Simple Sequencer Schematic. Used in MS-20 mini mods.

I've had a lot of requests for the schematic of the sequencer I used in my MS-20 mini mods. I've been very busy, but I finally drew them up all nice and perdy. 
The circuit is a super simple one based off the 4017 decade counter IC. The clock input can be from anything with a pulse like the MS-20's square LFO, Volcas, drum machines, ect. I didn't hook up the reset due to lack of space on the MS-20 mini's chassis. This circuit gives you a gate and CV output for fun step sequencing. 
The 4017 is powered by the 9 volts inside the MS-20. 
Here is a Larger Image.
I admit that this circuit is very rudimentary and additions can be made to add more features. You can add jacks to each step so you can change the length of the sequence using the reset line. So many possibilities. 
I added switches on mine so you can choose to engage or disengage the gate for individual steps for fun rhythms. 
I also want to add a portamento switch that engages a portamento between steps. I'll document this when it's done.
If you want to get really fancy, you can throw a microcontroller into the MS-20 and read off the MIDI from the MIDI port and get clock signals to MIDI sync you sequencer. Leave a comment with any fun additions you do. 

In other news, I have resigned from Ernie Ball / Music Man and accepted a job in San Francisco with Quirky. I want to get involved in the synth scene here. I am pretty sure it has to be bigger than SLO's. Let me know if you life in SF and want to make music or need repairs or anything. 


Moog Circuit Bending Challenge 2014 Entry

The competition rules stated that the bend had to cost less than $70 dollars, run off 9V batteries, and be repeatable. Source code and schematics will be available via GitHub in the coming weeks (once I clean it all up)

I bent a Yamaha DD6 to mash up drum samples using an iPad.

I used an Atmel XmegaA3BU Xplain board as the brain along with an Intersil crosspoint switching matrix IC. The Xmega communicates with an iPad via USB by functioning as a class compliant USB MIDI device. There are 3 buttons on the board; an up, down, and enter button. When the device first powers up, it is in the "HOME" screen. The "HOME" screen also acts as a way of clearing a preset so the DD6 can go back to stock when using the device, by pressing enter when "HOME". Any of the 10 presets can be recalled by scrolling to them and pressing enter. The last position in the menu is a "RANDOM" setting which creates a random preset.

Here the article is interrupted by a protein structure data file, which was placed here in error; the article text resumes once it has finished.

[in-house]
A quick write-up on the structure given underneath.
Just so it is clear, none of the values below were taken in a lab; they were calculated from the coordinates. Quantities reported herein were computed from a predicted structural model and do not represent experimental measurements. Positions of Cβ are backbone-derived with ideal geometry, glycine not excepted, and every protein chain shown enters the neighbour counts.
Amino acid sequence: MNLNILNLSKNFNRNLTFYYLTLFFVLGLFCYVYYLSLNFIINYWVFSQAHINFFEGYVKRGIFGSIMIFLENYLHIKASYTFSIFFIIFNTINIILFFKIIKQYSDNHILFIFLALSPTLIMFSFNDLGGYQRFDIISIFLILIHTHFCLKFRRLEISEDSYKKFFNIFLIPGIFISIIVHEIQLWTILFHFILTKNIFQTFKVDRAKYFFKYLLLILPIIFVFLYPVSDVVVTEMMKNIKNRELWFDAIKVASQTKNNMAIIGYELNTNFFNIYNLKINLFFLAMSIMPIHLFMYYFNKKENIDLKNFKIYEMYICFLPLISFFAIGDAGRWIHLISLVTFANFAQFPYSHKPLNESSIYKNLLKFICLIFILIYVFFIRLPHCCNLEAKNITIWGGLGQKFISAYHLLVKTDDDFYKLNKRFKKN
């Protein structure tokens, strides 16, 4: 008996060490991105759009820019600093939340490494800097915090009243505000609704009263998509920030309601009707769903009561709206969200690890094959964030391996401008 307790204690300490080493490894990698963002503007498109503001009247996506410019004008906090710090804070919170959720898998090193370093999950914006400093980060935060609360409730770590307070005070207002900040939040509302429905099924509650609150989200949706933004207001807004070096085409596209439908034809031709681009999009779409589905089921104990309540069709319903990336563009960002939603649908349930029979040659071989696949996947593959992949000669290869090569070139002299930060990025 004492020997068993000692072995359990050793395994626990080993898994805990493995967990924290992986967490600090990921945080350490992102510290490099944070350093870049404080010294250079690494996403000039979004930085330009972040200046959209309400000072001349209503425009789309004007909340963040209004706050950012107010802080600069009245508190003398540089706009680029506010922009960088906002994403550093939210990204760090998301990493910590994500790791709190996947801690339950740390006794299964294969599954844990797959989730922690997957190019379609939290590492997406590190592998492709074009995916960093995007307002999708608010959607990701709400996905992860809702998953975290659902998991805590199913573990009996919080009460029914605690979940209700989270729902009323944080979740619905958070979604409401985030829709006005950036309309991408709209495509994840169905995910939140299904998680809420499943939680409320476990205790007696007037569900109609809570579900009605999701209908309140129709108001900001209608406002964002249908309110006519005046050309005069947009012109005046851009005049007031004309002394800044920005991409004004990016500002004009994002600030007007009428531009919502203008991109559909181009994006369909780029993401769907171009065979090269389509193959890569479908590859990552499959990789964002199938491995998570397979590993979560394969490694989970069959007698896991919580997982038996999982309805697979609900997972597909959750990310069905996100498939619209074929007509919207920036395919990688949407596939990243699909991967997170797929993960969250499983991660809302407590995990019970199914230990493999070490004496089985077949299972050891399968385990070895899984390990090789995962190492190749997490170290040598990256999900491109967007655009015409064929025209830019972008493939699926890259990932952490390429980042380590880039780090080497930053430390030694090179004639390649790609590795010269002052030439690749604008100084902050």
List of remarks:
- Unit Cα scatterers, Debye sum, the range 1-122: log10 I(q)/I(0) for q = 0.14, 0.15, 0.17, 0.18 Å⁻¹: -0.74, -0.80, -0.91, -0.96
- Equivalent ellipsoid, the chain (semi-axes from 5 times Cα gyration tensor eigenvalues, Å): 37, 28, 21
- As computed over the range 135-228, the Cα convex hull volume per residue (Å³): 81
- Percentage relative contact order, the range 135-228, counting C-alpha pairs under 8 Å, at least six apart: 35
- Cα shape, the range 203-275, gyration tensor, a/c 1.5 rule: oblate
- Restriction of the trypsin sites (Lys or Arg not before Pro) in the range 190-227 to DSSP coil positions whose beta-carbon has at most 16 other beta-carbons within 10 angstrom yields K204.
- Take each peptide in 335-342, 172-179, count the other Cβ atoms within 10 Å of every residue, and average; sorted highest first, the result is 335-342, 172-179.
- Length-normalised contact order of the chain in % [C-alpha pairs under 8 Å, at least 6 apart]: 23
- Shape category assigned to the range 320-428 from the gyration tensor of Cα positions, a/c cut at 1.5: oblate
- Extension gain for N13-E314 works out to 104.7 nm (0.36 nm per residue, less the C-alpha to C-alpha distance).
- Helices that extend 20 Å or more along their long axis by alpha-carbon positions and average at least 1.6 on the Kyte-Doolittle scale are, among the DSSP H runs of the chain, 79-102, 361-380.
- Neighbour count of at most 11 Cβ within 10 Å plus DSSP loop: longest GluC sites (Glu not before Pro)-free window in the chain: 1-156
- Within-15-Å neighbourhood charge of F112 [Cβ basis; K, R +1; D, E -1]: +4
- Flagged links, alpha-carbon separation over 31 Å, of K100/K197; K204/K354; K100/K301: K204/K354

The app on the iPad allows you to make connections on an 8X16 grid, which creates 3.4e38(!!!) possibilities. Using the iPad, you can save your preset to one of the 10 available preset locations on the device. With the iPad, you can also clear all the connections or make them all. 

I also added a sync out from the DD6. This sync allows me to clock an external sequencer or even a Korg Volca. 

Here are some of the videos:

This video is actually the last video, but it includes a discussion of the overall project and sound demos at the end. 

Going over the hardware.

The iPad app and it's code

XMega firmware code


Inside the Volca Beats

As with the Volca Bass, I found no suitable room for a MIDI jack so I just broke out the labeled test point and will install a 1/8" stereo jack for the MIDI.


Inside the Volca Bass

Had a solid hour of fun with the Bass before I popped it open. 

I was hoping to add a MIDI jack to get MIDI out since it is clearly labeled:
I couldn't find space in the case to place a DIN jack so I am going to order a couple stereo 1/8" jacks to break out the MIDI that way.

I didn't do anything too crazy; just broke out the marked test points on the PCB

The jacks fit perfectly

Interesting that the SMD LEDs are on the other side of the PCB and they shine through holes

Used the ground point from the battery

Left an extra hole for the MIDI

 The jacks let me patch into both waveforms from all 3 oscillators, and the raw signal out of the VCO, VCF, and VCA.

Korg Volcas Arrived!

The Korg Volcas that I ordered back in February finally arrived! I ordered the Bass and Beats since I have enough keys. Come Monday, they will probably be modded. This might just be the last recording of them before they have some fun with my soldering iron.

Synths used in this recording: Korg Monotribe, Korg Volca Beats, Korg Volca Bass, Korg MS-20 mini, and Roland JX-8P. Volcas and Monotribe are synced via the sync jack. JX-8P is synced to the Monotribe via MIDI. Sync out also goes to the sequencer clock on the MS-20 mini and is used for both filter sequencing and pitch sequencing.


Mooer Pitch Box Pedal Teardown

Finally got around to ordering one of the new digital Mooer pedals. I was always curious how they could make pedals for so cheap. After a few minutes of noodling with it on the Rhodes and guitar, I popped it up. 

4 screw on the bottom take the back off. 

Removing the jack and switch nuts lets you remove the whole PCB.

Little mini board in the middle. I bet there is something under it too.
Big ol' IC under there. 

But whats under the blue sticker?!

 Alpha selector switch. 

Nowhere on the PCB does it mention Pitch Box, so I am assuming this is a digital pedal. Silkscreen looks super cheap and the case is a very light weight metal, but everything else doesn't seem too cheaply done.